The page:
State Lobbyist Numbers Dwindle While New Clients Arrive
The number of lobbyists and firms representing clients at the state Capitol has dropped, but that doesn’t mean that out-of-state corporations have lost interest in Colorado.
There are a variety of new businesses and advocacy groups that have retained lobbying services for the first time during the 2008 legislative session, including a prominent restaurant chain, a pro-Israel lobbying group and a private company that offers substance-abuse treatment. In 2007, approximately 560 firms and individuals were registered to work at the Capitol as professional lobbyists. In 2008, that number has fallen to 460, according to data from the Secretary of State’s office. Information for previous years was not available.
Although there are no immediate theories to explain the drop, official records show that money spent on lobbying in Colorado has been steadily increasing in the state for more than 12 years, with an estimated $25 million being spent in 2007. During the last legislative session, Xcel Energy used the greatest amount of money for lobbying purposes, spending a total of $112,000.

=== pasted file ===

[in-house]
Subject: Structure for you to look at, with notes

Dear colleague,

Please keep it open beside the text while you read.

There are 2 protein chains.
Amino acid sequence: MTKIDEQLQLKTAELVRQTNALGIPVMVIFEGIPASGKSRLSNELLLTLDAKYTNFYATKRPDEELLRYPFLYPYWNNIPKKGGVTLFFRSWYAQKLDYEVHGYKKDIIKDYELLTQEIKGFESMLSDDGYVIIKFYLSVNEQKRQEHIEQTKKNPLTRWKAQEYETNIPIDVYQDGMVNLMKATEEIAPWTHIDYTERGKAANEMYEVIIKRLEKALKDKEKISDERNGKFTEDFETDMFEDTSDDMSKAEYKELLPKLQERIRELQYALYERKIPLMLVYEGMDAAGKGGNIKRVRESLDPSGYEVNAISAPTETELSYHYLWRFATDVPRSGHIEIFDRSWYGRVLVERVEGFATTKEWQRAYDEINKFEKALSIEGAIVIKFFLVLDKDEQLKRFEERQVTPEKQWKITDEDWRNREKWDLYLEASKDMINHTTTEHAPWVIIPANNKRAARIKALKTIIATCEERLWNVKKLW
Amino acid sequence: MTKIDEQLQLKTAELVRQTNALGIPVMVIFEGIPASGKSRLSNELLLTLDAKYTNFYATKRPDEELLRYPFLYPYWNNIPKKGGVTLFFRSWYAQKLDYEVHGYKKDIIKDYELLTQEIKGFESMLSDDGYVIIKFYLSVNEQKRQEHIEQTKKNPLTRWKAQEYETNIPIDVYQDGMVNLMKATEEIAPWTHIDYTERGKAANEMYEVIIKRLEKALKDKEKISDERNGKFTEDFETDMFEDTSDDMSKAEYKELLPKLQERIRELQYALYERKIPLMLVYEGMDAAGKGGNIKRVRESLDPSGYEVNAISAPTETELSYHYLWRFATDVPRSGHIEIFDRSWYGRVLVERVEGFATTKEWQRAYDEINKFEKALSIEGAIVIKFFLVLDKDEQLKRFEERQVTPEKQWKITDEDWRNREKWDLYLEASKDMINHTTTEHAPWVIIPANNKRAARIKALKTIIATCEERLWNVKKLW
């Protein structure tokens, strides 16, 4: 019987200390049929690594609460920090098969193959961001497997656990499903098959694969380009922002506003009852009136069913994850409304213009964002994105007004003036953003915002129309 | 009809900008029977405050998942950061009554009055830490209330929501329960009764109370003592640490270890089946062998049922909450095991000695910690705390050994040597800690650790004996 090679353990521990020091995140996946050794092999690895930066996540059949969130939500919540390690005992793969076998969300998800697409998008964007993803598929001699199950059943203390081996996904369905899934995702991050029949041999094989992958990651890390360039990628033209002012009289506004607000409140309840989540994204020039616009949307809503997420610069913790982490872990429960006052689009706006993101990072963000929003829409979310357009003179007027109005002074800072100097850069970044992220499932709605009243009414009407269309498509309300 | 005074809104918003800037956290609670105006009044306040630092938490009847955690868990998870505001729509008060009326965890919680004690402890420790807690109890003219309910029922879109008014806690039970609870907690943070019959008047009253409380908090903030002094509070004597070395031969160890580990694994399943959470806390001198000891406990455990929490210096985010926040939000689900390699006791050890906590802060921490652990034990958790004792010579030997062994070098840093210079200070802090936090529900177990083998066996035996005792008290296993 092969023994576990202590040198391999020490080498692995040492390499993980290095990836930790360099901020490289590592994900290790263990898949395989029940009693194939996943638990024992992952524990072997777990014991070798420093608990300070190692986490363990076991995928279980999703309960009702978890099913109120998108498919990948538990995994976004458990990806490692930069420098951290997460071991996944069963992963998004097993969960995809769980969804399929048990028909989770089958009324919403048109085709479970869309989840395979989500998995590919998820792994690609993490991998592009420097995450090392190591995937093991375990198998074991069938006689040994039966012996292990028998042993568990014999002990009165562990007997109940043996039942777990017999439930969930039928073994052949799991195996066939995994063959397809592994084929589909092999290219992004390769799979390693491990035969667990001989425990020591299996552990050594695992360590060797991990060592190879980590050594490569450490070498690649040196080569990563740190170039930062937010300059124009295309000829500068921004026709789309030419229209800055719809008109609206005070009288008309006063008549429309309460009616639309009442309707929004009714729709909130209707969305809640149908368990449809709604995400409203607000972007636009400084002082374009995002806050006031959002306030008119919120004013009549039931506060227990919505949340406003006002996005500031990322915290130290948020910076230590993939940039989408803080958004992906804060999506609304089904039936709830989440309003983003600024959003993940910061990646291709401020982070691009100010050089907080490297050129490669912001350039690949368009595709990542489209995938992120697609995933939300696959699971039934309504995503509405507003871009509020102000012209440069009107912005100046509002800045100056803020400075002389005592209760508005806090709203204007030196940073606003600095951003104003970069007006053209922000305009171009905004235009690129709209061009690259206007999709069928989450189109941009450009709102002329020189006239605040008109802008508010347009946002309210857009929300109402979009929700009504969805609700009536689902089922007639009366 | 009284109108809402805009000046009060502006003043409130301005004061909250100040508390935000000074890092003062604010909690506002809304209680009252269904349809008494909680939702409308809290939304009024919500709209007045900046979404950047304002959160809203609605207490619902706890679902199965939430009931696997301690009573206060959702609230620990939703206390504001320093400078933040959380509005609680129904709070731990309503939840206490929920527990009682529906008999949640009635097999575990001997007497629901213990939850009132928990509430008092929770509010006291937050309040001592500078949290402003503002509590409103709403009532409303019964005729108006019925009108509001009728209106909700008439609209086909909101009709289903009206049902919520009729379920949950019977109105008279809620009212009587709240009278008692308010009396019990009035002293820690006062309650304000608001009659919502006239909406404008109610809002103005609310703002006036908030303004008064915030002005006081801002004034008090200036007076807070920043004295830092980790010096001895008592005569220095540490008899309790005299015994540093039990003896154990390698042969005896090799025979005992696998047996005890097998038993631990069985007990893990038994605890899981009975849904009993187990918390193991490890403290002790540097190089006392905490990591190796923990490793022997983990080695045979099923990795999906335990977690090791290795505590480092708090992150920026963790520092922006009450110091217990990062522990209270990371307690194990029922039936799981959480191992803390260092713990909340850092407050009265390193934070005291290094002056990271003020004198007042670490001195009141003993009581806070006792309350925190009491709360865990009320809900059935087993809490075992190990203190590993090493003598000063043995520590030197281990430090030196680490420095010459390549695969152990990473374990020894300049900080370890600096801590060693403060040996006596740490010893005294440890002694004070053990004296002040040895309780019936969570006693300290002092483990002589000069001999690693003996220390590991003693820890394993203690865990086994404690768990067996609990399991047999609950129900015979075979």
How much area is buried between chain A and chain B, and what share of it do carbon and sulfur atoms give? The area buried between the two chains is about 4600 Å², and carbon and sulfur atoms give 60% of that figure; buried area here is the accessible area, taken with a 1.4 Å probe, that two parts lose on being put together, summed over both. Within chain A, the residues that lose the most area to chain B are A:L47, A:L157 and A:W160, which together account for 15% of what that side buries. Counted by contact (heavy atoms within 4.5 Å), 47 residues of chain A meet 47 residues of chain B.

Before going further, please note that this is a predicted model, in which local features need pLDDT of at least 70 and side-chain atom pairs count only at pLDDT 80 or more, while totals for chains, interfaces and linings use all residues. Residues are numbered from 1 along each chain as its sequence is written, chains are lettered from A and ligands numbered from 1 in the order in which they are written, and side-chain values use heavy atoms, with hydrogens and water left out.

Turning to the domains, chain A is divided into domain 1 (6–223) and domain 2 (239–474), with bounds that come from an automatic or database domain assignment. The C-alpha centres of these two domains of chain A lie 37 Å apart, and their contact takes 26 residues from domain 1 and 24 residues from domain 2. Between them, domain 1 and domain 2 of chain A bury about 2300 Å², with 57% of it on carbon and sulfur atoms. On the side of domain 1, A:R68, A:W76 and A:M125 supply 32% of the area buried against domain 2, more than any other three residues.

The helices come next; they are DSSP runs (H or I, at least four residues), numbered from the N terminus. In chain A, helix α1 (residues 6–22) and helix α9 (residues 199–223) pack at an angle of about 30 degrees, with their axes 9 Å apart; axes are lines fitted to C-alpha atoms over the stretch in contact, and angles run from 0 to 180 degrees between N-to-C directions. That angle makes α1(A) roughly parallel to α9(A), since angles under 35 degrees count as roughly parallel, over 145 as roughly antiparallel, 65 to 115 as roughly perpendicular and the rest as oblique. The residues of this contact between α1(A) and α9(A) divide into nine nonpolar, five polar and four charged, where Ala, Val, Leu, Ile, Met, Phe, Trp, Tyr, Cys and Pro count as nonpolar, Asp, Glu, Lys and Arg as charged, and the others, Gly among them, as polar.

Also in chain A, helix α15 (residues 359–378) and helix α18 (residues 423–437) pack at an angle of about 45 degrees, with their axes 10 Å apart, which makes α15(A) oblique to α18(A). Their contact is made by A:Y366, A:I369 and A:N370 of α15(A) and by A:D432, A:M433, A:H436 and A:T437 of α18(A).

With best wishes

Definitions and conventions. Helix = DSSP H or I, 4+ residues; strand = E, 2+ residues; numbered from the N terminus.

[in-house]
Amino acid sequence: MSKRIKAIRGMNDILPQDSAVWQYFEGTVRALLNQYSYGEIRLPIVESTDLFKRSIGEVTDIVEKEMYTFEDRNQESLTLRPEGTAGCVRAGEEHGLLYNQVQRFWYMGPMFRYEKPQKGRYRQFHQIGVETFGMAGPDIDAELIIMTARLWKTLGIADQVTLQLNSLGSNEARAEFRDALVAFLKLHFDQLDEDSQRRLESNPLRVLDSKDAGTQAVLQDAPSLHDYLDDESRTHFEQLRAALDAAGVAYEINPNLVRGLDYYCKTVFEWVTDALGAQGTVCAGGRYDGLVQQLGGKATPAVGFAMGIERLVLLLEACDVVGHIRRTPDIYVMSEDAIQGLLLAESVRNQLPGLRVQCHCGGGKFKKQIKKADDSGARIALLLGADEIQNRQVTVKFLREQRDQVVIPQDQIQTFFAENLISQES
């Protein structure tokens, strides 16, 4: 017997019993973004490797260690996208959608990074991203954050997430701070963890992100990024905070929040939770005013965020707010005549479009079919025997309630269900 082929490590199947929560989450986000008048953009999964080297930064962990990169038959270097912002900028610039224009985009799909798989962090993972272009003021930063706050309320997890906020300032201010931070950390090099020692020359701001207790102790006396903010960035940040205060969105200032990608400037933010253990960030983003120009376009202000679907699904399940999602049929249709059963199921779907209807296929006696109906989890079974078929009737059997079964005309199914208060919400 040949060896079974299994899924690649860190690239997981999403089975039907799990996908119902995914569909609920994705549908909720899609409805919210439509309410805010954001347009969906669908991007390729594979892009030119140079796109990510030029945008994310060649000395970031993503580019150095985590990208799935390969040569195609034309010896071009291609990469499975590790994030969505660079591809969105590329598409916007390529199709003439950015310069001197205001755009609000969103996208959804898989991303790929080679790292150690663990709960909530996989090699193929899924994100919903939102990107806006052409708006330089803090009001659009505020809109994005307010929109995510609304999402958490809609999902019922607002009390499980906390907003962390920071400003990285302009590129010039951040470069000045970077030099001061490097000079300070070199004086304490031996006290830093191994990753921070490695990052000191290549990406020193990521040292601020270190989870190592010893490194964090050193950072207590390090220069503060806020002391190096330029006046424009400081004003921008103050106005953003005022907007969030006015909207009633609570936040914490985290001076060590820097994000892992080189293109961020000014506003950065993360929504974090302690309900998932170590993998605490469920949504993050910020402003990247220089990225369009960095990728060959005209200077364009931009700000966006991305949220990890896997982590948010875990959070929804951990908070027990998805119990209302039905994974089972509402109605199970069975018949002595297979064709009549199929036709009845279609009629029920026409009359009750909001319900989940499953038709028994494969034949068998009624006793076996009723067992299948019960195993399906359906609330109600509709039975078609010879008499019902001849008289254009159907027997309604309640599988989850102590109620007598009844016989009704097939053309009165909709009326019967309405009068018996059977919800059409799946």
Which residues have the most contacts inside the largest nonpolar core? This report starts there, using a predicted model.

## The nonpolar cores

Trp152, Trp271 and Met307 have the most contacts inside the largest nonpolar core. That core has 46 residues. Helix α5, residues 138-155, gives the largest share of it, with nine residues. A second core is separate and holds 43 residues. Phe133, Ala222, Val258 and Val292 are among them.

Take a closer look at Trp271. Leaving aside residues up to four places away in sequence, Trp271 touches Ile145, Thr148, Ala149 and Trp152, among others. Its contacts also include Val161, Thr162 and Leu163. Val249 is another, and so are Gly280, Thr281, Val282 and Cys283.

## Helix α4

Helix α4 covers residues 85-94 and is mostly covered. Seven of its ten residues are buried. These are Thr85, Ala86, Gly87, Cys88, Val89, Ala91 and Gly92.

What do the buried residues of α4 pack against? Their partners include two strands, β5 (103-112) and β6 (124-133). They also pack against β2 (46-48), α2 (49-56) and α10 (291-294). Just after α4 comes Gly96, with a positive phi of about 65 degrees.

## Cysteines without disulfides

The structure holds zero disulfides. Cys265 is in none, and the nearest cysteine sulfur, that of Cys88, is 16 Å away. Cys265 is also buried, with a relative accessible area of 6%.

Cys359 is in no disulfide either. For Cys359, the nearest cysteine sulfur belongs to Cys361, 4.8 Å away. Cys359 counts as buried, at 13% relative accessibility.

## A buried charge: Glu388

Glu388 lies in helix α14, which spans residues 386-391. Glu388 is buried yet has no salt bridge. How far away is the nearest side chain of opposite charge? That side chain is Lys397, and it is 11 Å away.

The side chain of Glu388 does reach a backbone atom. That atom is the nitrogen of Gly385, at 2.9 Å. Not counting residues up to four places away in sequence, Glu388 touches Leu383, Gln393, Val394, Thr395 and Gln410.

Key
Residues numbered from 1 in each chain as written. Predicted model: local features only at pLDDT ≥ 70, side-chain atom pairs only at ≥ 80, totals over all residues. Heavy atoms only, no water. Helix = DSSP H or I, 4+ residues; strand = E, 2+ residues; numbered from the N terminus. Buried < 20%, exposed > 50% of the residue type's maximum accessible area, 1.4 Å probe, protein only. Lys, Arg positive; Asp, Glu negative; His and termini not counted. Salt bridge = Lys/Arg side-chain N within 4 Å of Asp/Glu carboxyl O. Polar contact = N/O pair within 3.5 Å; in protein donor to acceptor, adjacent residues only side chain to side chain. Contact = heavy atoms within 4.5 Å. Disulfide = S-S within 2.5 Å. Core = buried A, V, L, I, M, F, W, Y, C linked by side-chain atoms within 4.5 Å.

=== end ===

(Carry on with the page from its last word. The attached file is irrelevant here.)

On top of that, new out-of-state clients have come to the Capitol seeking representation, according to state data.
Brinker International, a Texas-based company and owner of restaurant chains like Chili’s and the Macaroni Grill, has hired a lobbyist for representation in Colorado. The Digimarc Corporation, an Oregon business specializing in I.D. technology, has also joined the bandwagon by employing representation at the legislature.
Oklahoma company Avalon Correctional Services, which runs privatized halfway houses in Colorado, has hired lobbying firm Defilippo, Rees, and Robinette, LLC, for the 2008 session. Hythiam Inc., a California-based company that offers proprietary substance-abuse recovery programs, has also gotten into the game.
But while these for-profit entities are taking an interest in Colorado politics, there are also advocacy groups and government organizations that chose to employ lobbyists this year.
The Colorado Immigrant Rights Coalition, a group of more than 30 organizations concerned with immigration, has hired a lobbyist for the first time. Meanwhile, the Washington, D.C.-based American Israel Public Affairs Committee, a self-declared “pro-Israel” organization, has employed lobbyists Jesse Dickerman and Mark Toubin for representation.
The state data does not include volunteer lobbyists who do not receive income.
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